Jose Gilbert Garcia, 42 and his 16-year-old nephew Luis Alberto Garcia were killed in a San Bernardino car accident after their vehicle was struck by a parolee who was trying to get away from the police. According to a report in the Whittier Daily News, police were pursuing 26-year-old Luis Lazalde on February 6, 2010, as he headed west on Orchard Street in Montclair. Lazalde’s car collided with a Ford Contour driven by Jose Garcia. Both Jose Garcia and his young nephew died at a local hospital. Lazalde sustained only minor injuries.
Police apparently set up surveillance outside Lazalde’s girlfriends house after he had allegedly threatened to shoot her. When they saw Lazalde’s vehicle, which matched the description provided by the woman, police tried to pull him over, but he fled. Lazalde was arrested on suspicion of evading police, causing bodily injury or death, participating in a criminal street gang and making criminal threats.
Tragic Car Accident
My heart goes out to the Garcia family for their tragic and devastating loss. Here were two innocent people going about their business and they get caught in the middle of a police chase. Heartbreaking! I offer my deepest condolences to the family. They will be in my thoughts and prayers.
I trust the suspect in this car accident, Lazalde, who initiated the police pursuit will be prosecuted to the fullest extent of the law. He not only put himself and other motorists in harm’s way, but also endangered the lives of these police officers by refusing to stop. However, the question that needs to be asked here is whether police did the right thing by getting involved in this pursuit. Was it necessary for police in this case to pursue the suspect endangering the lives of other innocent people?
What Does the Law Say About Police Pursuits?
California law provides immunity to police departments that have adopted a “vehicle pursuit policy.” This is a written policy, which states that the department has rules and regulations when it comes to police pursuits and trains their officers periodically on these matters. Such police departments are immune from liability for civil damages for injuries or death resulting from the pursuit to the suspect or to an innocent bystander. This law most likely protects these police officers and their department from liability. But it does nothing to protect the rights of the victims, in this case, Jose Garcia and Luis Garcia.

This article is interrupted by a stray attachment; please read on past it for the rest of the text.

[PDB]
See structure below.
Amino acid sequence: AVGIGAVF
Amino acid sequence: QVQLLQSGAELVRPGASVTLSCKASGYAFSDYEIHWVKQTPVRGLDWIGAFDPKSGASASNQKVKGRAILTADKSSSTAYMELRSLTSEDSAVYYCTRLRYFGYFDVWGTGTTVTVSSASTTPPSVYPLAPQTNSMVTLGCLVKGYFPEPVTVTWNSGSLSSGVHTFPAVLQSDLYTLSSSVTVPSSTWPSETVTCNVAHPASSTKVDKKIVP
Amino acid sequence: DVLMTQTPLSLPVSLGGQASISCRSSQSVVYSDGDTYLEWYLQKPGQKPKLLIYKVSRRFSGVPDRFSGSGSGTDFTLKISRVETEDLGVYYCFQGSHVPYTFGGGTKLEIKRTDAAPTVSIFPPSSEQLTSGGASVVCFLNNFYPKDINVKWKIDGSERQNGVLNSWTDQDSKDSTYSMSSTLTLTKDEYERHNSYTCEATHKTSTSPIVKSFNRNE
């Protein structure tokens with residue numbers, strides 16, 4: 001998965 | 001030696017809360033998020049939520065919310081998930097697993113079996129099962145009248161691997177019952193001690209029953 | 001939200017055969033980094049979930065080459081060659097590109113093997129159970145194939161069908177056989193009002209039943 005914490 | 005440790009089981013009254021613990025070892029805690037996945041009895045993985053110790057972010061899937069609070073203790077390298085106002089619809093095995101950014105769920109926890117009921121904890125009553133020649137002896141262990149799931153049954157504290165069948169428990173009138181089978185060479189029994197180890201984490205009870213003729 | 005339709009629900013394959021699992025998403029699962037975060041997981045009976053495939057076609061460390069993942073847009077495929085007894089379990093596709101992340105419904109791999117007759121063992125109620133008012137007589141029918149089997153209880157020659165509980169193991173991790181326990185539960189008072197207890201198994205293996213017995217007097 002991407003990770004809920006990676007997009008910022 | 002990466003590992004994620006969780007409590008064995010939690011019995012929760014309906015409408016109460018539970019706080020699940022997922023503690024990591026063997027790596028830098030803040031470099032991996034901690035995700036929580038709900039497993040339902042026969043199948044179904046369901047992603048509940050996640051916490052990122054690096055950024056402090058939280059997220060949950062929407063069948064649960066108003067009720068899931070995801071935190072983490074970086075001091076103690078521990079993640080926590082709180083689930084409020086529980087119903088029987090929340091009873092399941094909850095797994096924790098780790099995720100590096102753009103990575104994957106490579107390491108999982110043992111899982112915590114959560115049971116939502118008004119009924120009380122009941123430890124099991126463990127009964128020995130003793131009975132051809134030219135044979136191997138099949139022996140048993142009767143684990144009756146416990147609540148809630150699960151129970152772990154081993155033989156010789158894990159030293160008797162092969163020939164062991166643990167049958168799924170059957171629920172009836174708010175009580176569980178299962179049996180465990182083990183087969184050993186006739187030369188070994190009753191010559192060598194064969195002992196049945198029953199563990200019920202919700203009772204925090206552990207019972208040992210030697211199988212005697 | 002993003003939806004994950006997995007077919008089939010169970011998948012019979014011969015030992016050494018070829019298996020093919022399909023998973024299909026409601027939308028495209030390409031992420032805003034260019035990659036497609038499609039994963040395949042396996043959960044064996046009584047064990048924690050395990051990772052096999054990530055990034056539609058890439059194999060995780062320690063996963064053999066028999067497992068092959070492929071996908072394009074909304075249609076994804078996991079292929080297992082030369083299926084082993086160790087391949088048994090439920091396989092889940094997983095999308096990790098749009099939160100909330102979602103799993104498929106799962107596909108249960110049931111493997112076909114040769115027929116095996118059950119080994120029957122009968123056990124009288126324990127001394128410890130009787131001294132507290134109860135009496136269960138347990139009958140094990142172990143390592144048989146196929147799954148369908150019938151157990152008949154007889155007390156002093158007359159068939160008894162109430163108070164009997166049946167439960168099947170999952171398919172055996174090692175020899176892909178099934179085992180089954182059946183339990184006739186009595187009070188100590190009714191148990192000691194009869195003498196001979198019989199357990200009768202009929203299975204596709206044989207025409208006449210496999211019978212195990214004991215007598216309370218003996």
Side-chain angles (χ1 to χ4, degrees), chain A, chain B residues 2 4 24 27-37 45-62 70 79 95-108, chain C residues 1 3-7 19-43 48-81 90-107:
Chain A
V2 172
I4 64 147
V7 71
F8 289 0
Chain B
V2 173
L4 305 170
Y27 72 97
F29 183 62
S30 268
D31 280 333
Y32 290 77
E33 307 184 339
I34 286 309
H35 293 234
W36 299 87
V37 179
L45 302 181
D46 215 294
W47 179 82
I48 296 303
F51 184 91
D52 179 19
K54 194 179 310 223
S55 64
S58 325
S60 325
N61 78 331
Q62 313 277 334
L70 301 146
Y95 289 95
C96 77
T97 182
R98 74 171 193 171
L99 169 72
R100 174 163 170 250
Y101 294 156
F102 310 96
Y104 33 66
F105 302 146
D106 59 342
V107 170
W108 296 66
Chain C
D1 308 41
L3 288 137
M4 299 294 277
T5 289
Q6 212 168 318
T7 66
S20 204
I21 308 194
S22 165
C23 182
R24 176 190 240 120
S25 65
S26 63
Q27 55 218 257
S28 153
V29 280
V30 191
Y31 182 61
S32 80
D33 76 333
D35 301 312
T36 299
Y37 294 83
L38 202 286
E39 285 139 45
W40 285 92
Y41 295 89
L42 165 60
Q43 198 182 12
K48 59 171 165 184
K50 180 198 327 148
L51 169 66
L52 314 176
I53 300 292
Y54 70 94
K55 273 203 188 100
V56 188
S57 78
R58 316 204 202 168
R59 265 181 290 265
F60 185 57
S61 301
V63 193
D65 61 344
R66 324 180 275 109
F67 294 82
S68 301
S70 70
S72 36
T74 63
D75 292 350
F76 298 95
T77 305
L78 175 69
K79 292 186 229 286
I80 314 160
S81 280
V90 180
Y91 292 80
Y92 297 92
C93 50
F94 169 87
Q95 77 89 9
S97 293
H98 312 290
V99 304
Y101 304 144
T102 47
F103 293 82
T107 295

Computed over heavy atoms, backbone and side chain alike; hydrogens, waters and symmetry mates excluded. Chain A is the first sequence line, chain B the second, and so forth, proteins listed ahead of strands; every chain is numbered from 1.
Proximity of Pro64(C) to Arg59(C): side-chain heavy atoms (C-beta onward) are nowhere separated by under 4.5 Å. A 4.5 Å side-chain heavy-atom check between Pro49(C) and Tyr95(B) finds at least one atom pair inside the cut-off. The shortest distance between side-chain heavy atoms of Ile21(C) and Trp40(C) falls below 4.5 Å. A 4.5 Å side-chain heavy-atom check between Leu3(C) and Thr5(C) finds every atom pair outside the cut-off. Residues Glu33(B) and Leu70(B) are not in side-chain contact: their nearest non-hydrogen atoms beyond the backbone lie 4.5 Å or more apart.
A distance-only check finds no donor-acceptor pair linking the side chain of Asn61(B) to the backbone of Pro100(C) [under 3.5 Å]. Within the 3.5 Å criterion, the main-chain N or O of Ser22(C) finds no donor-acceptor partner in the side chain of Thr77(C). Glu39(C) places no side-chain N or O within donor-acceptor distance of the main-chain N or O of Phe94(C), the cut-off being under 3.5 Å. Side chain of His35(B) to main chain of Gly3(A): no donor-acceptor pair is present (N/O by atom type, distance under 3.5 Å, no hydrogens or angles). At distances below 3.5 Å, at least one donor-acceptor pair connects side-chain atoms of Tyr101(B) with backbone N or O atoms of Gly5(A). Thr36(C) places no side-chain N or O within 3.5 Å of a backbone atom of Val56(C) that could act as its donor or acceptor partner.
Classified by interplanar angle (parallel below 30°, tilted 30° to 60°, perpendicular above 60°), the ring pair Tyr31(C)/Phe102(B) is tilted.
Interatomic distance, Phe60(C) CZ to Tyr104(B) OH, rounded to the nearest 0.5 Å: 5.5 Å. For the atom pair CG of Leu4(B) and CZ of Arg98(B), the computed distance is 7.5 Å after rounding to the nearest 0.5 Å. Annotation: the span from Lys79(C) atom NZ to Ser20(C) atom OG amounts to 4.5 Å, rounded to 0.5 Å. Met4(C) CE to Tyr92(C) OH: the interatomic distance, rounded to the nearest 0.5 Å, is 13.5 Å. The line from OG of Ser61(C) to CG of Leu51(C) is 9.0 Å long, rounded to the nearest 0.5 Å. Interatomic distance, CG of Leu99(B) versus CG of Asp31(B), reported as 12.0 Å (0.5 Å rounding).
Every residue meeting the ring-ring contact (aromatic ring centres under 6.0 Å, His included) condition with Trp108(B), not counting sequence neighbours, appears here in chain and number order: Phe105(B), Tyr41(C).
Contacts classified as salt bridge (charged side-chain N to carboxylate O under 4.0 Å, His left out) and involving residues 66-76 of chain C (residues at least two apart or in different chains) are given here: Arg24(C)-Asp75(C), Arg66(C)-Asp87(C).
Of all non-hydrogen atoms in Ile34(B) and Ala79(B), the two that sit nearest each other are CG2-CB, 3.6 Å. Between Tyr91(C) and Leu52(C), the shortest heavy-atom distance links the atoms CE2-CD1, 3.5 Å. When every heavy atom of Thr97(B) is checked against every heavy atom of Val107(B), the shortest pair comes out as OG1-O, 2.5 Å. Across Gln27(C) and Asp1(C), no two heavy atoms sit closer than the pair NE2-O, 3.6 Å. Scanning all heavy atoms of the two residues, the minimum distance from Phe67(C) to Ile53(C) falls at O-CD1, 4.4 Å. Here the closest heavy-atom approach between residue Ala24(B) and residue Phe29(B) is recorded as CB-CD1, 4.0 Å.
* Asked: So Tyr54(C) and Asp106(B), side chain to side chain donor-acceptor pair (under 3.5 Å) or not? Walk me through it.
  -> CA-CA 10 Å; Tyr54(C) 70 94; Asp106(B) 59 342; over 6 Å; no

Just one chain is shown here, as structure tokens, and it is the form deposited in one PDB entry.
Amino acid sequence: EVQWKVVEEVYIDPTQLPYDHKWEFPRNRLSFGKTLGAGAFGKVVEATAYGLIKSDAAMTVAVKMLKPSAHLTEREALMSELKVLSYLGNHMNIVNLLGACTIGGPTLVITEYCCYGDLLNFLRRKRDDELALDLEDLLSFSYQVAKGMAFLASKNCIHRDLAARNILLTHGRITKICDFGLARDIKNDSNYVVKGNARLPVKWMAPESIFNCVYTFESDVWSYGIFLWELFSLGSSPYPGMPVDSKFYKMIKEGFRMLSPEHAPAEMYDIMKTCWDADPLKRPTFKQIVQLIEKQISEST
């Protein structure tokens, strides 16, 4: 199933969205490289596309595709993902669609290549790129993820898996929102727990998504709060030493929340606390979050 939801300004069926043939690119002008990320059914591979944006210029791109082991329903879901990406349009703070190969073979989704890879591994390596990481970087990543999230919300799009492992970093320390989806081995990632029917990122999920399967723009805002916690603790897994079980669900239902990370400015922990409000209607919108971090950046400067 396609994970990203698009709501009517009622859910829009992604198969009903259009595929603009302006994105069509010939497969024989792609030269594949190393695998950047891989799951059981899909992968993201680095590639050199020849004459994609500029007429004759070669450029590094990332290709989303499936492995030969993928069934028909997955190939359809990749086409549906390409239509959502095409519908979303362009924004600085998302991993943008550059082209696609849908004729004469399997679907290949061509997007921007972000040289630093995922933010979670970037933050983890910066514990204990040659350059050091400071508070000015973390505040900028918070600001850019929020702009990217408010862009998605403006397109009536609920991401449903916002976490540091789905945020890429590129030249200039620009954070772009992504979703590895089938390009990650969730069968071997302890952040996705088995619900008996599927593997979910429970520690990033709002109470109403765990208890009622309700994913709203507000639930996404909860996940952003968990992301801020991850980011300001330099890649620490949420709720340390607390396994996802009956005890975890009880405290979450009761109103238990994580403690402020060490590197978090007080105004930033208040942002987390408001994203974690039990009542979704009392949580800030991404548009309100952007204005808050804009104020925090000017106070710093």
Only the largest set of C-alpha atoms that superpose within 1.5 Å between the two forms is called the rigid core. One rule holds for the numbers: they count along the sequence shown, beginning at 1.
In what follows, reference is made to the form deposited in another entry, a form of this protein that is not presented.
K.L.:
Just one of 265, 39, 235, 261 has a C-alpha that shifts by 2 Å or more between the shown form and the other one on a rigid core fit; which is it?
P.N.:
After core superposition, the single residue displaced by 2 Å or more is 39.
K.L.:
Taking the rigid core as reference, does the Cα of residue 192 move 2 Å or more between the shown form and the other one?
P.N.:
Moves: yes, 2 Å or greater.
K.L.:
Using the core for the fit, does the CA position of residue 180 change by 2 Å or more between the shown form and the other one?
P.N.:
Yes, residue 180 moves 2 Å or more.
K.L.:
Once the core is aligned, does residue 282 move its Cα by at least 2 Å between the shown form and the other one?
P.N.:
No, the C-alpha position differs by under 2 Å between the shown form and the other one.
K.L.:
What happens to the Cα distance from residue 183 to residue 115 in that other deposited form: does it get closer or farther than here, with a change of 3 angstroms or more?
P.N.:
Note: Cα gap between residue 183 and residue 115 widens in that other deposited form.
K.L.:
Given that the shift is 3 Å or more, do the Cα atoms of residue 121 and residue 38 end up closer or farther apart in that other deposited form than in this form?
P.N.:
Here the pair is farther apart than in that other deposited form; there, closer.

There is absolutely no question that police officers have a duty to apprehend dangerous criminals. In most of these cases, police officers do a highly commendable job. However, there needs to be a balancing test between the danger to the public and the requirement to apprehend a suspect. Our justice system should not allow officers to engage in high-speed chases without weighing the good that comes from catching a suspect against the safety of innocent bystanders who just happen to be in the wrong place at the wrong time. In these types of accidents, families of deceased victims, as well as the injured victims, would be well-served by consulting experienced California personal injury lawyers who can give them more information about the law and their legal rights.